On May 23rd, Turkish President Recep Tayyip Erdoğan announced that Turkey is preparing for a major military operation in northern Syria against the Kurdistan Workers’ Party (PKK) militia forces and the Syrian Kurdish armed groups. If carried out, this will be the fifth major military operation by Turkey in northern Syria since 2016. President Erdoğan and his foreign policy team have declared the main goal of this operation as the weakening and removal of PKK forces that Turkey views as a Kurdish separatist terrorist group from a 30-kilometer strip on Turkey-Syria border.
Ever since, there has been a large amount of speculation and analysis by international relations experts about the motivation and timing of this operation.
In addition to immediate military objectives against the PKK, Erdoğan is also interested in resettling up to one million Syrian refugees in the enlarged “safe zone” that this operation will create. In the past two years the worsening economic conditions in Turkey have led to growing anti-refugee sentiments. Several opposition parties have also echoed these sentiments and concern about refugees is likely to be a major concern among voters in the next presidential election scheduled for June 2023.
Erdoğan is also well aware of these sentiments and has tried to buy support for his proposed military operation by arguing that it will pave the way for returning and settling the refugees in the “expanded” safe zone. Turkey and po-Turkey Syrian paramilitary groups already control some Syrian territory along the border but it is very narrow in some areas and disconnected. Furthermore, these areas are still unstable and vulnerable to exchange of fire with the Syrian and Kurdish forces.
Erdoğan’s plan for a new military operation in Syria comes at a time when the Turkish economy is experiencing one of its worst inflation since 1998. Inflation has reached record high levels and lira has lost a quarter of its value against the U.S. dollar this year. This exchange rate increase has reduced the purchasing power of millions of Turkish citizens and has pushed many below the poverty line.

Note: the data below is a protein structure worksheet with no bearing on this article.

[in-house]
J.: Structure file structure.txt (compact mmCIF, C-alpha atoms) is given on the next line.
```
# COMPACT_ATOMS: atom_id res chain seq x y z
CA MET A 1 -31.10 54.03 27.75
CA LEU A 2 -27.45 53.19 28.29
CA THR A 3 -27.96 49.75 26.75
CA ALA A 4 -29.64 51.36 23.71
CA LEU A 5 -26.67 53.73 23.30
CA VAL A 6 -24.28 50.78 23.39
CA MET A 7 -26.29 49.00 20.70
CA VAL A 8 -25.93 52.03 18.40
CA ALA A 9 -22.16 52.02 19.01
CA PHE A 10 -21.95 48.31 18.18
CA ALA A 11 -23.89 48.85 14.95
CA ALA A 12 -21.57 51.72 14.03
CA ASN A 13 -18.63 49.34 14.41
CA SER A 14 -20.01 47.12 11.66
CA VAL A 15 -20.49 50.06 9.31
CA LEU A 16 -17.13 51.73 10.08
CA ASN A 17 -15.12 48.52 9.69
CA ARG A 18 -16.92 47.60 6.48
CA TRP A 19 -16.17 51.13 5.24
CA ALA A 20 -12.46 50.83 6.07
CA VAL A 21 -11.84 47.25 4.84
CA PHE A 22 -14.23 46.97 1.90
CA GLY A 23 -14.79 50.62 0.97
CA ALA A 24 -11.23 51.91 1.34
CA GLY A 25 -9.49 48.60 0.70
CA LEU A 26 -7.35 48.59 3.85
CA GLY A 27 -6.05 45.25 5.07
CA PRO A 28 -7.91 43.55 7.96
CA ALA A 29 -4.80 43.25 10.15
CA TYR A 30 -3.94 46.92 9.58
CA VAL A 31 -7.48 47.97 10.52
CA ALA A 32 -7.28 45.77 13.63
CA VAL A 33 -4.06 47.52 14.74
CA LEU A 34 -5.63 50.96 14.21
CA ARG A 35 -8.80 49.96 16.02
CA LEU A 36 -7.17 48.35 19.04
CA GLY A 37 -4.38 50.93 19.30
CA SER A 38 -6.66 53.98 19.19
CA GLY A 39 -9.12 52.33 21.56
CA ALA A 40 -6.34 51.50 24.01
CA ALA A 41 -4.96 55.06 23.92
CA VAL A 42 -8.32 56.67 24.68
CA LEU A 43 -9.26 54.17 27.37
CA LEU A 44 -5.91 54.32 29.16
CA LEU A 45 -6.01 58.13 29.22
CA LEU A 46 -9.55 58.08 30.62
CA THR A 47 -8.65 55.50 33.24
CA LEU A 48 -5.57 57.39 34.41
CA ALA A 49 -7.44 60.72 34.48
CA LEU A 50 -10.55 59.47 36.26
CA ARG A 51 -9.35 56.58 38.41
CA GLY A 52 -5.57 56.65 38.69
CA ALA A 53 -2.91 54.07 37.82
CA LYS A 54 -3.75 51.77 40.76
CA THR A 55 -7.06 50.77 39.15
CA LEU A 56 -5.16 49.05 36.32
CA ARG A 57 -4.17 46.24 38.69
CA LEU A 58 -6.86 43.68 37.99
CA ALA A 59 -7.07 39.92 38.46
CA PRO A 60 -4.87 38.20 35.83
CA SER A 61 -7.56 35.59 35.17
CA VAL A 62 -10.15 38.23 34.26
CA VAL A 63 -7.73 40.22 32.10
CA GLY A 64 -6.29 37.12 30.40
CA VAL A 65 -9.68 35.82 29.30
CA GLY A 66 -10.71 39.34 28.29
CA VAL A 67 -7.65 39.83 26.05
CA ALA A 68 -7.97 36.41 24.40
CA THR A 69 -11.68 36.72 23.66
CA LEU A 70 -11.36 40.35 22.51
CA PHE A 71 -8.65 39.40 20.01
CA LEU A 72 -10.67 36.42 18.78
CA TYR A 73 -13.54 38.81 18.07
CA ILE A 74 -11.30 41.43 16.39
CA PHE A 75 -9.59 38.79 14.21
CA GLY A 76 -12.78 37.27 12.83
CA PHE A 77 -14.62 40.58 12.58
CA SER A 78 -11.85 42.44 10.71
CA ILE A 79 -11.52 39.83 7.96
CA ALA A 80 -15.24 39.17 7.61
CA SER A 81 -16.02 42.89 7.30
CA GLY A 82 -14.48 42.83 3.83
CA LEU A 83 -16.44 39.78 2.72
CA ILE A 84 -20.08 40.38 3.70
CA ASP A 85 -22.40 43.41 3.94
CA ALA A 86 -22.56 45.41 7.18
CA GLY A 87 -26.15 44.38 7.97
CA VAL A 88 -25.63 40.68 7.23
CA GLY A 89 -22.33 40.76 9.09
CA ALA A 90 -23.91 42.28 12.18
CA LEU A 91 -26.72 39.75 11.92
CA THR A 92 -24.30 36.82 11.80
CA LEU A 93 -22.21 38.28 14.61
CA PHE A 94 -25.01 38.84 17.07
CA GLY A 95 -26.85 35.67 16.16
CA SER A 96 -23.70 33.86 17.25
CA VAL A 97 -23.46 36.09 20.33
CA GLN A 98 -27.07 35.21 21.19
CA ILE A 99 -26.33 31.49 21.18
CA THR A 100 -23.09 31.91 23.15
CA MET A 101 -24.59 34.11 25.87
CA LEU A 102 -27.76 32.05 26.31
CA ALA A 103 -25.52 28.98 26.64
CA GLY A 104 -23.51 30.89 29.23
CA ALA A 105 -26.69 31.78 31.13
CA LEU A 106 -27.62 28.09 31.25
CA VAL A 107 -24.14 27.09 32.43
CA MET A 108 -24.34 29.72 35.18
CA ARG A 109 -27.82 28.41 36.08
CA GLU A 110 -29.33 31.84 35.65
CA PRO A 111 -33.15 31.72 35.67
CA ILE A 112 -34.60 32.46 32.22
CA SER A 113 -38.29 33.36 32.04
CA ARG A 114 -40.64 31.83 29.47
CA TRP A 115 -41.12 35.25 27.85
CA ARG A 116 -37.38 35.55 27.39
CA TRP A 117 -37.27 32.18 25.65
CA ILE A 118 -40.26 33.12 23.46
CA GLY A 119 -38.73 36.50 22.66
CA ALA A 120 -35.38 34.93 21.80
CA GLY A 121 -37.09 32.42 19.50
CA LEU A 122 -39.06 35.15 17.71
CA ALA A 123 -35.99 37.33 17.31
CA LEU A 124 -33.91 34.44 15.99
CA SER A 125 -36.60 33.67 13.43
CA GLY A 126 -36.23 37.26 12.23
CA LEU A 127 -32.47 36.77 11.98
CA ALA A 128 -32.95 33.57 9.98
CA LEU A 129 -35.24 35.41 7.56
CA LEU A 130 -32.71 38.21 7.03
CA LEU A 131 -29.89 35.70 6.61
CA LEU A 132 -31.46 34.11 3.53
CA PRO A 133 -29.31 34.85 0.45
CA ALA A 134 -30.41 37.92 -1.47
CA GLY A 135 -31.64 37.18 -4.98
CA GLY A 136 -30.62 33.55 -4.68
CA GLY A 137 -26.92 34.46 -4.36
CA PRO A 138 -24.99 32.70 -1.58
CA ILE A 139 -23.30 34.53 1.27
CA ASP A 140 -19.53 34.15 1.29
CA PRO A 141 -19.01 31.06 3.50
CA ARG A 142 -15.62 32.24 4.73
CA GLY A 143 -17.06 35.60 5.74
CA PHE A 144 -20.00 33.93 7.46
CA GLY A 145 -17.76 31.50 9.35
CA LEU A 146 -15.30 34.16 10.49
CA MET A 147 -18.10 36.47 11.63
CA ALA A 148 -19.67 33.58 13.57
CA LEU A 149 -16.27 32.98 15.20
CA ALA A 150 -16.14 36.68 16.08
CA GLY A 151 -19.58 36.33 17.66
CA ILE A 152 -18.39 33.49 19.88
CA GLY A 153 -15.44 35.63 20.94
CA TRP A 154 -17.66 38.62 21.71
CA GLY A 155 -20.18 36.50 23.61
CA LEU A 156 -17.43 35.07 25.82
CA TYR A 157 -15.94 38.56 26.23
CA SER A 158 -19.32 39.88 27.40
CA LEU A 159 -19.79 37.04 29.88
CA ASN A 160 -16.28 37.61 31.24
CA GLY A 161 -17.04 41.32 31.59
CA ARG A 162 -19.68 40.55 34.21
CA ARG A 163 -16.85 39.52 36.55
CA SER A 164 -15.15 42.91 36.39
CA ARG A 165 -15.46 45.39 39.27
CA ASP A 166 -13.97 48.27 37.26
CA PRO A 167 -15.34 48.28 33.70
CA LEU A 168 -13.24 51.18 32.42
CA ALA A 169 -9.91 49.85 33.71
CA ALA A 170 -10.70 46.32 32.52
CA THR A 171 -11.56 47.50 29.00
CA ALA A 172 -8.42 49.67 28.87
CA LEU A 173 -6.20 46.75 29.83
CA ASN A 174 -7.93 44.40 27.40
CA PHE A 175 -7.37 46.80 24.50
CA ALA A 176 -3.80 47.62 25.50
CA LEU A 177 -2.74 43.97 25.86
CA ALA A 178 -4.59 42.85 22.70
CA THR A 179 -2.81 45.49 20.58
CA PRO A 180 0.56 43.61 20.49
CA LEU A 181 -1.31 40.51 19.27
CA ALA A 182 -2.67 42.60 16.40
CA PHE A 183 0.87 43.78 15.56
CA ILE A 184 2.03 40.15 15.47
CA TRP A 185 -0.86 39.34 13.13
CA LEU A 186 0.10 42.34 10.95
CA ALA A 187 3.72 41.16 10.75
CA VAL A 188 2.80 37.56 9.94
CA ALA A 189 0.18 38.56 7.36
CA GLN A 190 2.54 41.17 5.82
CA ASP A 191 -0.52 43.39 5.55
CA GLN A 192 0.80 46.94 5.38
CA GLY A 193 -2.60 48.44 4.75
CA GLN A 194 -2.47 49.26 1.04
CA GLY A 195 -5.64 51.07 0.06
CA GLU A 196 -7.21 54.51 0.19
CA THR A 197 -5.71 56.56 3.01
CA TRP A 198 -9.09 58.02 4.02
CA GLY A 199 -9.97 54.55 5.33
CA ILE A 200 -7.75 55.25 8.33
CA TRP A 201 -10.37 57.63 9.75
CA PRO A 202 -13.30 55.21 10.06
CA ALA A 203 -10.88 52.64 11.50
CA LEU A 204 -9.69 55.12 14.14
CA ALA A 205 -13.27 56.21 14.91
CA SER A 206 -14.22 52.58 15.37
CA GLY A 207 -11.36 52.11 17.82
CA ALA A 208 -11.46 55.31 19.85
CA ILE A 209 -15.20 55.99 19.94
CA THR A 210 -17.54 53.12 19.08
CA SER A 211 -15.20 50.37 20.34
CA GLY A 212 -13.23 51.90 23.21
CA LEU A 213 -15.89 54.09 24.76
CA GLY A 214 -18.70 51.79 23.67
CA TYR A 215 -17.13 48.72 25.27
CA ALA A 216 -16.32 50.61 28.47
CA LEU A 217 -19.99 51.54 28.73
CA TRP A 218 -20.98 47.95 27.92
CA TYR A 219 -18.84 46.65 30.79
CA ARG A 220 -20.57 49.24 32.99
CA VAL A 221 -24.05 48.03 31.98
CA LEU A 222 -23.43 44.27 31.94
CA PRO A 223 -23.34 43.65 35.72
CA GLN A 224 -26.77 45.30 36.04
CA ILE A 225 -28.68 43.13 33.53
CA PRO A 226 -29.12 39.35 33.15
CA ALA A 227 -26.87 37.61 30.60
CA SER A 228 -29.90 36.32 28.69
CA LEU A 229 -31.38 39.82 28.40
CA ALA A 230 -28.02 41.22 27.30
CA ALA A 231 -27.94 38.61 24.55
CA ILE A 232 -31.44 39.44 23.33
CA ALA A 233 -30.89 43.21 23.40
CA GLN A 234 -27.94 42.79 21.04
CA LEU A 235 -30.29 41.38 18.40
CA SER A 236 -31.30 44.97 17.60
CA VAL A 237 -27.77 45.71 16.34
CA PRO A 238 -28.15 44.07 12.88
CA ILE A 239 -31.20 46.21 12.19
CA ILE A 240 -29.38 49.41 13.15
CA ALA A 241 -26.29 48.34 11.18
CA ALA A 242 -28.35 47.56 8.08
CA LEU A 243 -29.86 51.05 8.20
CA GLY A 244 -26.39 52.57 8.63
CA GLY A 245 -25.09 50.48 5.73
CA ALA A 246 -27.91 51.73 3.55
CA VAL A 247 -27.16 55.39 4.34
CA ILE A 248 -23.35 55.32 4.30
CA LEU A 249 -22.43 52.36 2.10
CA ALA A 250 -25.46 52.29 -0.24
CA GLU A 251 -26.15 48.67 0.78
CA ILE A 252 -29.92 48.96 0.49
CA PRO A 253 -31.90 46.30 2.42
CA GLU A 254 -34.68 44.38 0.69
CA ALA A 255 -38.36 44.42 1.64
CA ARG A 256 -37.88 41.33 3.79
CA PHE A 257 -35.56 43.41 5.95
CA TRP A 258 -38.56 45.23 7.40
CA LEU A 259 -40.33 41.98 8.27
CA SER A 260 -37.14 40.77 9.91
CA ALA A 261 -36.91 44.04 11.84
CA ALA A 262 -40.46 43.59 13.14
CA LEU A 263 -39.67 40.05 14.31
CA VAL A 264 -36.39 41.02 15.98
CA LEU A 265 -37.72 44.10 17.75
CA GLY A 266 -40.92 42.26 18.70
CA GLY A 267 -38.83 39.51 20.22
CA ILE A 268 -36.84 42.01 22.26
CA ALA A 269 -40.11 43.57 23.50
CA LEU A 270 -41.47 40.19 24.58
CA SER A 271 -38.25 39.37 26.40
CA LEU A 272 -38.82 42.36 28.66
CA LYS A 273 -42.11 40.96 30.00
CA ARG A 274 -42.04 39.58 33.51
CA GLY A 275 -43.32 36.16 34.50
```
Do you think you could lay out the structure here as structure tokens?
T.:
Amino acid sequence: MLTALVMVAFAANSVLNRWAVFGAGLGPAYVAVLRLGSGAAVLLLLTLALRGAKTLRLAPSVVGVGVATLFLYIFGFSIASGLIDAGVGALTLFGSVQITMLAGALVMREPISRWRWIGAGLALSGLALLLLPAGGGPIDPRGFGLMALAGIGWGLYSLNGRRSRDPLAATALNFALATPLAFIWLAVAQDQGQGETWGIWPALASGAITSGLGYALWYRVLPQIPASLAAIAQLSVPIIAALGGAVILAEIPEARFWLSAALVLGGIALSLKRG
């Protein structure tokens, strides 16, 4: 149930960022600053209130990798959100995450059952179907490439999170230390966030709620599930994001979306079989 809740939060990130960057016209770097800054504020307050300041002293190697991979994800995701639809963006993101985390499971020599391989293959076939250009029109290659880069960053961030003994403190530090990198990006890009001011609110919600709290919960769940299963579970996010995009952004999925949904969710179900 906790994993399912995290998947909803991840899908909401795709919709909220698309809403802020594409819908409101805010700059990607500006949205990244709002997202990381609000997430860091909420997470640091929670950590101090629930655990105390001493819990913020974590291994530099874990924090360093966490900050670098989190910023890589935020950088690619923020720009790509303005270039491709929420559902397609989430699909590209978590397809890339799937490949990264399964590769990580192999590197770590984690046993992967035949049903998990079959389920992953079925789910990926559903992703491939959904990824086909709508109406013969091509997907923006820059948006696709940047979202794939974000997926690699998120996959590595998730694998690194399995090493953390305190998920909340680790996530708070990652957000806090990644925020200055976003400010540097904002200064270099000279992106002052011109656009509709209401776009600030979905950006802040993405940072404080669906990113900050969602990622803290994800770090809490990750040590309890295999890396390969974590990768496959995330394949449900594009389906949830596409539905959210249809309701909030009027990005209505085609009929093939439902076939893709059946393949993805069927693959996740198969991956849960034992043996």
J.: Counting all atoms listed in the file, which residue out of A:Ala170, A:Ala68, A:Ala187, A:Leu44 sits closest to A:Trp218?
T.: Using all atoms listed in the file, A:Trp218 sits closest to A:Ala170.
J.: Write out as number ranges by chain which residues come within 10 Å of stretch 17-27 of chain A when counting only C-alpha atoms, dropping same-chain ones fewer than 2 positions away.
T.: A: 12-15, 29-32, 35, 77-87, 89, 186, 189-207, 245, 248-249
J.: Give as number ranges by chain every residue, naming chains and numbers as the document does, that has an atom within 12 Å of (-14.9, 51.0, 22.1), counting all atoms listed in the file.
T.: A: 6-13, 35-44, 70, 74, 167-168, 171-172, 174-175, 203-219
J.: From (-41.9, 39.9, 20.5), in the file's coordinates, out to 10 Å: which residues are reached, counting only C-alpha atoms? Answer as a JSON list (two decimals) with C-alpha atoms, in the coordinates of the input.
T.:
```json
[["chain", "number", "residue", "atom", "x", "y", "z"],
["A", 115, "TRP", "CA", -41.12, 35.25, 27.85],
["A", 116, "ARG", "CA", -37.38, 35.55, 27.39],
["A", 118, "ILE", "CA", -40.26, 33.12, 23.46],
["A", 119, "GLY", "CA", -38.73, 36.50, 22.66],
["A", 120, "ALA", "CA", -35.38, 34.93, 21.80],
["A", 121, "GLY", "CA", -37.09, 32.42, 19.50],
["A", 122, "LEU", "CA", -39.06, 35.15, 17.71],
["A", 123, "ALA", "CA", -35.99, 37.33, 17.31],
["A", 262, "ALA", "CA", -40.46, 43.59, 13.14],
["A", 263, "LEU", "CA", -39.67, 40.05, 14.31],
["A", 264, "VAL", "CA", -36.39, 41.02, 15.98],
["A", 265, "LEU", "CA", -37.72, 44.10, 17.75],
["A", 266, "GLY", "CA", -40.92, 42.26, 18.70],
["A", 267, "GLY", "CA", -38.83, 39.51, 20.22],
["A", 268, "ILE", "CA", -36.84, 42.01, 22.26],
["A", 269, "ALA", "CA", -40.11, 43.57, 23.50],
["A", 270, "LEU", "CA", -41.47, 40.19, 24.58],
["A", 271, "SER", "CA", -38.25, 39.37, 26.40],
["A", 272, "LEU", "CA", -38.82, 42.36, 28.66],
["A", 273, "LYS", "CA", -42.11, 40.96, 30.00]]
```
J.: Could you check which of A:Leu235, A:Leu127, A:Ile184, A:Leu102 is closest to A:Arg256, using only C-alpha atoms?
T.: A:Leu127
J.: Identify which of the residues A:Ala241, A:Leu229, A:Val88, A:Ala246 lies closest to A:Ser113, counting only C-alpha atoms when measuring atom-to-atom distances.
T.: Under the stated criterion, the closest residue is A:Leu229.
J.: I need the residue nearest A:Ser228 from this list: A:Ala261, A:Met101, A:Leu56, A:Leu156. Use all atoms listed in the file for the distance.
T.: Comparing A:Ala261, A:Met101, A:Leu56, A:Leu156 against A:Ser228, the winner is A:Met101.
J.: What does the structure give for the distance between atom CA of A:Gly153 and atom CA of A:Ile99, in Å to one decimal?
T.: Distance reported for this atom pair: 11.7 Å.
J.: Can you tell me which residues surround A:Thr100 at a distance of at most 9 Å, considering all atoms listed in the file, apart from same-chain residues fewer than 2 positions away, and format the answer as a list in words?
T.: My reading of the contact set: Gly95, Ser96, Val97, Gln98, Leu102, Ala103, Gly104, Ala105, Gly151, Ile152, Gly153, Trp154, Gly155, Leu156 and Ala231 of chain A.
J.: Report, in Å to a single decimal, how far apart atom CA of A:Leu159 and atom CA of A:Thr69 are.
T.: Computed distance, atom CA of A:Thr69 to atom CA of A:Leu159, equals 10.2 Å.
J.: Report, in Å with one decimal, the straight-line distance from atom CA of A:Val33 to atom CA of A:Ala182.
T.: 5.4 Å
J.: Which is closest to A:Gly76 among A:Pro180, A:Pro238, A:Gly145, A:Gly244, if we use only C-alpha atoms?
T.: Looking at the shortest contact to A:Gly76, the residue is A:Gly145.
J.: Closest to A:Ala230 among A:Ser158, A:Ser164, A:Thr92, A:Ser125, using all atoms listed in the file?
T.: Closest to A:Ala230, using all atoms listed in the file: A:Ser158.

A series of recent economic policies for addressing this crisis have proven ineffective, partly as a result of the adverse effects of the Ukraine war. The Russian invasion of Ukraine has sharply increased the price of natural gas and crude oil (two largest import items for Turkey), and the rising energy import bill has worsened the country’s large balance of payment deficit.
The timing: Erdoğan appears to be serious about this military operation and has repeated his intent several times since May 23rd. He has claimed that the Turkish military is ready and the operations can start at any time. While sporadic exchange of fire in the Turkish-held regions is a daily occurrence, there has been no escalation in PKK violence against Turkey in recent months to create a sense of urgency for such an operation to take place now. Instead it appears that the Ukraine conflict has created a unique opportunity and a very favourable time window for Turkey to initiate this operation. Turkey believes that the Ukraine conflict has reduced Russian and American opposition to its planned military operation in Syria.
Syria has been fragmented since the 2011 civil war and several countries including The United States, Russia and Iran maintain military assets in that country. Turkey must always take the balance of power and the potential reaction of major players into account before any operation in Northern Syria. In the past both, the United States and Russia have opposed or contained Turkey’s military interventions in northern Syria. President Erdogan believes that Turkey’s unique and strategic role in the Ukraine war is likely to reduce any potential opposition to its military intervention in Syria by both of these powers under current circumstances.
Even though both, the United States and Russia, in recent weeks have expressed their opposition to President Erdogan’s proposed operation, he believes they will not do anything in practice because they both need Turkey. As Erdogan sees it Russia has had to move some of its assets from Syria to Ukraine and it also appreciates Turkey’s neutrality in the Ukraine war despite being a NATO member.